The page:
For Community and Family Story Collectors

We invite viewers to bring generations together at home, or in libraries, community centers, senior centers, churches, synagogues, historical societies, schools, and museums.

With smartphones, social media, live streaming, and blogs, Americans today are vitally involved in telling their stories. Like photographs or mementoes, documentary films stimulate storytelling about people's own lives. Many Folkstreams films can inspire intergenerational conversations and experiences.

Our personal folklore is often invisible to us, like water is to a fish. "Doesn't everyone do that?," we might ask. Well, no! Folklore is universal but it is also unique to individuals and communities. We advocate using Folkstreams films to raise questions and spark discussions among senior citizens and in mixed groups of young and old. Looking back on "The Film of Your Life" is useful not only as biography, but as a way of sharing elders' wisdom with their children, grandchildren, friends, and community members.

Folklorist Daniel Patterson writes "the subjects of many Folkstreams documentaries are community scholars, experts in locally specific traditions that bespeak a region, an era, a family. These cultural insiders are virtuosos of the traditions shown. They give viewers access to authorities whom they cannot find in academia and are rarely given voice in books. The films accordingly are extremely important social and aesthetic documents. The films are also valuable historical documents, not only because they take viewers directly into social worlds (the work, play, struggles, and worship of often extraordinary ordinary people) now passing more and more into the historical past, but also because the films themselves are the products of historical movements and attitudes. They preserve the life of specific times and places and also embody the limitations and opportunities, the ideologies and insights of their makers."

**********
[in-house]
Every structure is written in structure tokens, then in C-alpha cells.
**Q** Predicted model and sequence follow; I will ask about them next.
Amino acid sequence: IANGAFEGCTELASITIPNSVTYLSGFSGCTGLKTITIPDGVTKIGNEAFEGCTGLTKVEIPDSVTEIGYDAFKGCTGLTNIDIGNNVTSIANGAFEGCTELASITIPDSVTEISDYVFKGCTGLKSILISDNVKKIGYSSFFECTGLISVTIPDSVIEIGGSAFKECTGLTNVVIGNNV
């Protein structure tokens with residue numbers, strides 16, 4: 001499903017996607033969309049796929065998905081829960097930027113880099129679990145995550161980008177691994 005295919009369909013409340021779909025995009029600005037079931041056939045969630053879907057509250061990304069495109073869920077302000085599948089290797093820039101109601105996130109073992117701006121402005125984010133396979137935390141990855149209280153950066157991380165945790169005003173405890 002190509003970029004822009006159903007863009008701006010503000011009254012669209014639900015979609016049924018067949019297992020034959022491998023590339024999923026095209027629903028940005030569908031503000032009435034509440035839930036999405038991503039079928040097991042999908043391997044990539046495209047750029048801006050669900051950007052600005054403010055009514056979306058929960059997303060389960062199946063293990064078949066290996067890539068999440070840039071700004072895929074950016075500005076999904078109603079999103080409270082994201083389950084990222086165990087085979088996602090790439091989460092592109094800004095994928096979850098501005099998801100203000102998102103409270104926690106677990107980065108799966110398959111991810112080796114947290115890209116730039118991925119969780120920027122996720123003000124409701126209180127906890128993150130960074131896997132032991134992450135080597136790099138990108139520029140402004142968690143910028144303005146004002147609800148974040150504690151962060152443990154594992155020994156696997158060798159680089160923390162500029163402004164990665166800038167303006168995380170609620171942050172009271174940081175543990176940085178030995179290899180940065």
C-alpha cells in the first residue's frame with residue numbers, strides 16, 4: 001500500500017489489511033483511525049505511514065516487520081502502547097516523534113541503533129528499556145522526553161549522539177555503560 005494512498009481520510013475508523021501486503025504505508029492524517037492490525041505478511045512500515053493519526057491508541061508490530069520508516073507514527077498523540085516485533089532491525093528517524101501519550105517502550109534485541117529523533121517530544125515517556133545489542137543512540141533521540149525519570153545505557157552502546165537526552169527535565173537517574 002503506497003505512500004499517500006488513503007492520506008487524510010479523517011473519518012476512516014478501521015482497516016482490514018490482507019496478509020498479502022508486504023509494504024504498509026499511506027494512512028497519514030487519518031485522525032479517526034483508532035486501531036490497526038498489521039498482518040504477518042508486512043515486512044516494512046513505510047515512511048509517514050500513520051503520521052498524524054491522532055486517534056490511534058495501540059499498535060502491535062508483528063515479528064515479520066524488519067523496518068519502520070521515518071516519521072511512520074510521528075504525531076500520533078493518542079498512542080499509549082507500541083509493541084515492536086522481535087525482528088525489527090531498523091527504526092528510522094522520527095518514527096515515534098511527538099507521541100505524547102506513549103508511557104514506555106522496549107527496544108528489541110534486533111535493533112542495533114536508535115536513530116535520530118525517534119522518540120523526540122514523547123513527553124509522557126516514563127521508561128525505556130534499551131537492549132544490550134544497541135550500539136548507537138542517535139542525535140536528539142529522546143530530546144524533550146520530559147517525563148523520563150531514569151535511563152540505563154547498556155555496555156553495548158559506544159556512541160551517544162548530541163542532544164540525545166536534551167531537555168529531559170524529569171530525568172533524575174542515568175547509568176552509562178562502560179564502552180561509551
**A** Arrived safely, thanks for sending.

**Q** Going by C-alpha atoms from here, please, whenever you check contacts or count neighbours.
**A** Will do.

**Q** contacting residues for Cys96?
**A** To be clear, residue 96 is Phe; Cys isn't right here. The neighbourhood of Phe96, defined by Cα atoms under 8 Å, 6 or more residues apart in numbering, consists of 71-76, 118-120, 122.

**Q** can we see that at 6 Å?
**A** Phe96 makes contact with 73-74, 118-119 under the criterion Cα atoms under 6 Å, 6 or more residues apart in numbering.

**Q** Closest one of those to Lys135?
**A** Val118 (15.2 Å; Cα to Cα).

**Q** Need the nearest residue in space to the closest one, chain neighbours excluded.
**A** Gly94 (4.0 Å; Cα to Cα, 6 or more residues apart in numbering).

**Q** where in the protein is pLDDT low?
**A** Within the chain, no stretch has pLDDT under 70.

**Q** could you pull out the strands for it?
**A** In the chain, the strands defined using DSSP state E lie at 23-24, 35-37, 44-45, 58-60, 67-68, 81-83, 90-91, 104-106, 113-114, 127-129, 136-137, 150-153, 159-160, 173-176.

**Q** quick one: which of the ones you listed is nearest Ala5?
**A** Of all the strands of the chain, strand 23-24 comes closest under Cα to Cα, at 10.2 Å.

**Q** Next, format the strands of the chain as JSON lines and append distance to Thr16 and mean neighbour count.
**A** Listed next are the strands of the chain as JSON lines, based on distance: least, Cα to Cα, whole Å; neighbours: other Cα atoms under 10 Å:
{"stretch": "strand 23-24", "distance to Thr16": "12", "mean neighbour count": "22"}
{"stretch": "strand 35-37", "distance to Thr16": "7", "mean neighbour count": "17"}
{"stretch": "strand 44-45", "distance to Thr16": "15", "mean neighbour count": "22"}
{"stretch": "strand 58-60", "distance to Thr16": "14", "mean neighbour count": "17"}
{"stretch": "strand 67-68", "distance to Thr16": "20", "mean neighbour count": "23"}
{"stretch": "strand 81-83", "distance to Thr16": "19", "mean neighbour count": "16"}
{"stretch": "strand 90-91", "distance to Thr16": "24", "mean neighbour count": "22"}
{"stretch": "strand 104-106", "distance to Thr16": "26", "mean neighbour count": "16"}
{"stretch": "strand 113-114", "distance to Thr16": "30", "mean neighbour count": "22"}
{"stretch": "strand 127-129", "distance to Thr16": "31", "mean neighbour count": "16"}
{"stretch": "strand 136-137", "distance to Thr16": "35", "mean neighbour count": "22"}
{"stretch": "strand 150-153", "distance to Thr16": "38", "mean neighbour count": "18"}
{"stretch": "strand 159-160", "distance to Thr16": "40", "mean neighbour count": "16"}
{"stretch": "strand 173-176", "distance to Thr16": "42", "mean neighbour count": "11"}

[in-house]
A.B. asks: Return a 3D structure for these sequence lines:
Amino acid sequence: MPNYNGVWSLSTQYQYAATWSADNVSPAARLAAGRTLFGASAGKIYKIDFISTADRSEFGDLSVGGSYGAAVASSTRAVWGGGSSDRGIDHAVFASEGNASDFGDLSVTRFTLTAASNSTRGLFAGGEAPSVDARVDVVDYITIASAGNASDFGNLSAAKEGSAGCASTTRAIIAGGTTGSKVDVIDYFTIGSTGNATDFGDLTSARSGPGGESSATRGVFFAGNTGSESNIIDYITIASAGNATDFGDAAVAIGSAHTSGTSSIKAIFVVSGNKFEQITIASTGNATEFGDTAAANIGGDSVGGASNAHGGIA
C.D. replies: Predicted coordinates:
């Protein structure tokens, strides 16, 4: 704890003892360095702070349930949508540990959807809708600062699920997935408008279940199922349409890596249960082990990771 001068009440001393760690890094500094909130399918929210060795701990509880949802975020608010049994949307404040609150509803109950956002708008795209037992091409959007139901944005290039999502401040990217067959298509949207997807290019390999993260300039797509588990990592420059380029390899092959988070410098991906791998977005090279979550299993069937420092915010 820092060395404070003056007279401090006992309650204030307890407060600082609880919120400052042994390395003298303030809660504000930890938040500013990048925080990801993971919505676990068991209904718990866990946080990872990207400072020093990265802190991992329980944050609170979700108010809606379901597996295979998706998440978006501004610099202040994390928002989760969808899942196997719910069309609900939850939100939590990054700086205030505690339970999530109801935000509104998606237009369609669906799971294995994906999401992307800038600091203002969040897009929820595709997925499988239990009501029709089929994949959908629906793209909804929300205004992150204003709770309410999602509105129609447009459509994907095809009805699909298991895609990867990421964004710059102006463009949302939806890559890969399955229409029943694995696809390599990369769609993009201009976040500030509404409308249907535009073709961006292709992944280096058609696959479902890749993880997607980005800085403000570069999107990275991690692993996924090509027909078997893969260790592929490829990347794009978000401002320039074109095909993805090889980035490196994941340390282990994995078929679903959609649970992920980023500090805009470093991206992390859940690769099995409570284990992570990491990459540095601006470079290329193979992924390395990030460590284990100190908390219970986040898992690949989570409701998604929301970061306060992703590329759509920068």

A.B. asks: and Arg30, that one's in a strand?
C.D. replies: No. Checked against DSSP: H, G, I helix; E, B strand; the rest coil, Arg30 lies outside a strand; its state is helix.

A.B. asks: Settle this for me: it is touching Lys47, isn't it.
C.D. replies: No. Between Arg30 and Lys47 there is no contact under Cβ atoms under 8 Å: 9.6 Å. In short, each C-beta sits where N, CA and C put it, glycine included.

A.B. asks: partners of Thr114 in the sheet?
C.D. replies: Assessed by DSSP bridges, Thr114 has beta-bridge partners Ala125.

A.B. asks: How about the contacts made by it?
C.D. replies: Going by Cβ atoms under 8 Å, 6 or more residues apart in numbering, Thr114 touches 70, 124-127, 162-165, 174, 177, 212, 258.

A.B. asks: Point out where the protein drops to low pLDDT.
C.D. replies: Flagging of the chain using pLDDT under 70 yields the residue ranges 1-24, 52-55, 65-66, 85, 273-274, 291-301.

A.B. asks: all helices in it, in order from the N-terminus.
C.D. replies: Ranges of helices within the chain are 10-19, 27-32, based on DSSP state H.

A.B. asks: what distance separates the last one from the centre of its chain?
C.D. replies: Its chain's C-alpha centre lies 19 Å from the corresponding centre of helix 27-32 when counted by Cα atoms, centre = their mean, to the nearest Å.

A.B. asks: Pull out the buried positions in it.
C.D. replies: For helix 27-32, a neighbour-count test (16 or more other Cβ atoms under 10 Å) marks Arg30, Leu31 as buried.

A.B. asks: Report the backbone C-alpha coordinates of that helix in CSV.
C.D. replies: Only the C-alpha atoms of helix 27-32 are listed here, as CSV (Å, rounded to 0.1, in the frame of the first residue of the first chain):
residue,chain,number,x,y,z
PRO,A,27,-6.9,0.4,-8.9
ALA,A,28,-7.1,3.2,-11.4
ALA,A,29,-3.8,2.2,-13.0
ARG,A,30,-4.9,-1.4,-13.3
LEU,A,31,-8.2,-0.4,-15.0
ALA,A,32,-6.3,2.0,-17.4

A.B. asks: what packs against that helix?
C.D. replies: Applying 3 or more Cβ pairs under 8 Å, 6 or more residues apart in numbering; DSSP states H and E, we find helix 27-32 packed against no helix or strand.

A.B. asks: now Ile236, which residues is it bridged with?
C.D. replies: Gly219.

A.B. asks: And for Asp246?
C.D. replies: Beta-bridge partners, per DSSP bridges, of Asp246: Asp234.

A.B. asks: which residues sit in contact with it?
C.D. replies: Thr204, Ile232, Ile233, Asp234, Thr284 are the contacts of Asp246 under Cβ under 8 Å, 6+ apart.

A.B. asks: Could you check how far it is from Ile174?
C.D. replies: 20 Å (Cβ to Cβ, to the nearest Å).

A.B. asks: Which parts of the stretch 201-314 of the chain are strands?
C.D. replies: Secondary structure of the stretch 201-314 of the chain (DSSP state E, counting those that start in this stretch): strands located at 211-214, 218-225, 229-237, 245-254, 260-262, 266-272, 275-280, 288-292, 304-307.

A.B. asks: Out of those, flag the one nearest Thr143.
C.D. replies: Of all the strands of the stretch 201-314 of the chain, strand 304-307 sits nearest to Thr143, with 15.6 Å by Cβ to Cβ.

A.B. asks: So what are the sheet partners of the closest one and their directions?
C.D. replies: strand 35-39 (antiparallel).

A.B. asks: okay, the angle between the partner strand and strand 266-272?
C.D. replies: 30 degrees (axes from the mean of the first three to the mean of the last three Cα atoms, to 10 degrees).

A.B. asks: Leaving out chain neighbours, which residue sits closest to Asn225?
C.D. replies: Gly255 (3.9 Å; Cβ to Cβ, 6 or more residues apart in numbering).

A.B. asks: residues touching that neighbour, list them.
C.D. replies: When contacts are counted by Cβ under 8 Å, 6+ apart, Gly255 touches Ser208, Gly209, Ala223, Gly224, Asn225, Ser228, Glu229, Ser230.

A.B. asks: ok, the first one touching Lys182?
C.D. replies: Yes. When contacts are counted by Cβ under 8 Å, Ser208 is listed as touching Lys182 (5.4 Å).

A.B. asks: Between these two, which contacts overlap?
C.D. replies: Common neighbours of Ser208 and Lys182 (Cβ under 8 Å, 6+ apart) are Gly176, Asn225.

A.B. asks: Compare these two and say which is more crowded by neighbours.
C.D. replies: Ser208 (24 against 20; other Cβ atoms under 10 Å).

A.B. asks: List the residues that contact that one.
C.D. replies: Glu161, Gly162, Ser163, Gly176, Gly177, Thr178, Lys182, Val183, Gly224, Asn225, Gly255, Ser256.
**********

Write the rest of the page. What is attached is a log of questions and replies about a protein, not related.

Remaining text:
We invite viewers to bring generations together at home, in libraries, community centers, senior centers, churches, synagogues, historical societies, schools, and museums. Below we recommend topics to get started:

Below we recommend topics to get started bringing generations together in public settings:

Personal and Family History

  • What is the story of your name?
  • The names of your family members?
  • How far back can you trace your family past your grandparents?
  • Where did your ancestors come from? What languages did they speak?
  • What kinds of work did your father and mother do?
  • Where have you lived and traveled?
  • What kind of work have you done?
  • How much schooling have you had?
  • Do you have any family photo albums?

Family and Community Traditions

  • What do you remember about the house that you grew up in? The community?
  • What are the special occasions that your family celebrates?
  • What are the homemade foods that you love? What recipes do you want to hand down?
  • What were your favorite games as a child?
  • What music has meant most to you?
  • What kind of dancing do you know and remember?
  • What kinds of medicine did you take when you were sick?
  • Did your family use any home remedies?
  • How were they made?
  • Which are still in use today?
  • Who were your childhood heroes?
  • Your heroes as an adult?
  • What are your favorite pastimes and hobbies?
  • Do you remember any stories that were told to you as a child? (Ghost stories, local legends, tales about family members, jokes, riddles)
  • What is an obstacle that you overcame?
  • Where and how do you express your religious life (or not)?


These online guides provide rich ideas and essential tools for intergenerational interviews and documenting community culture.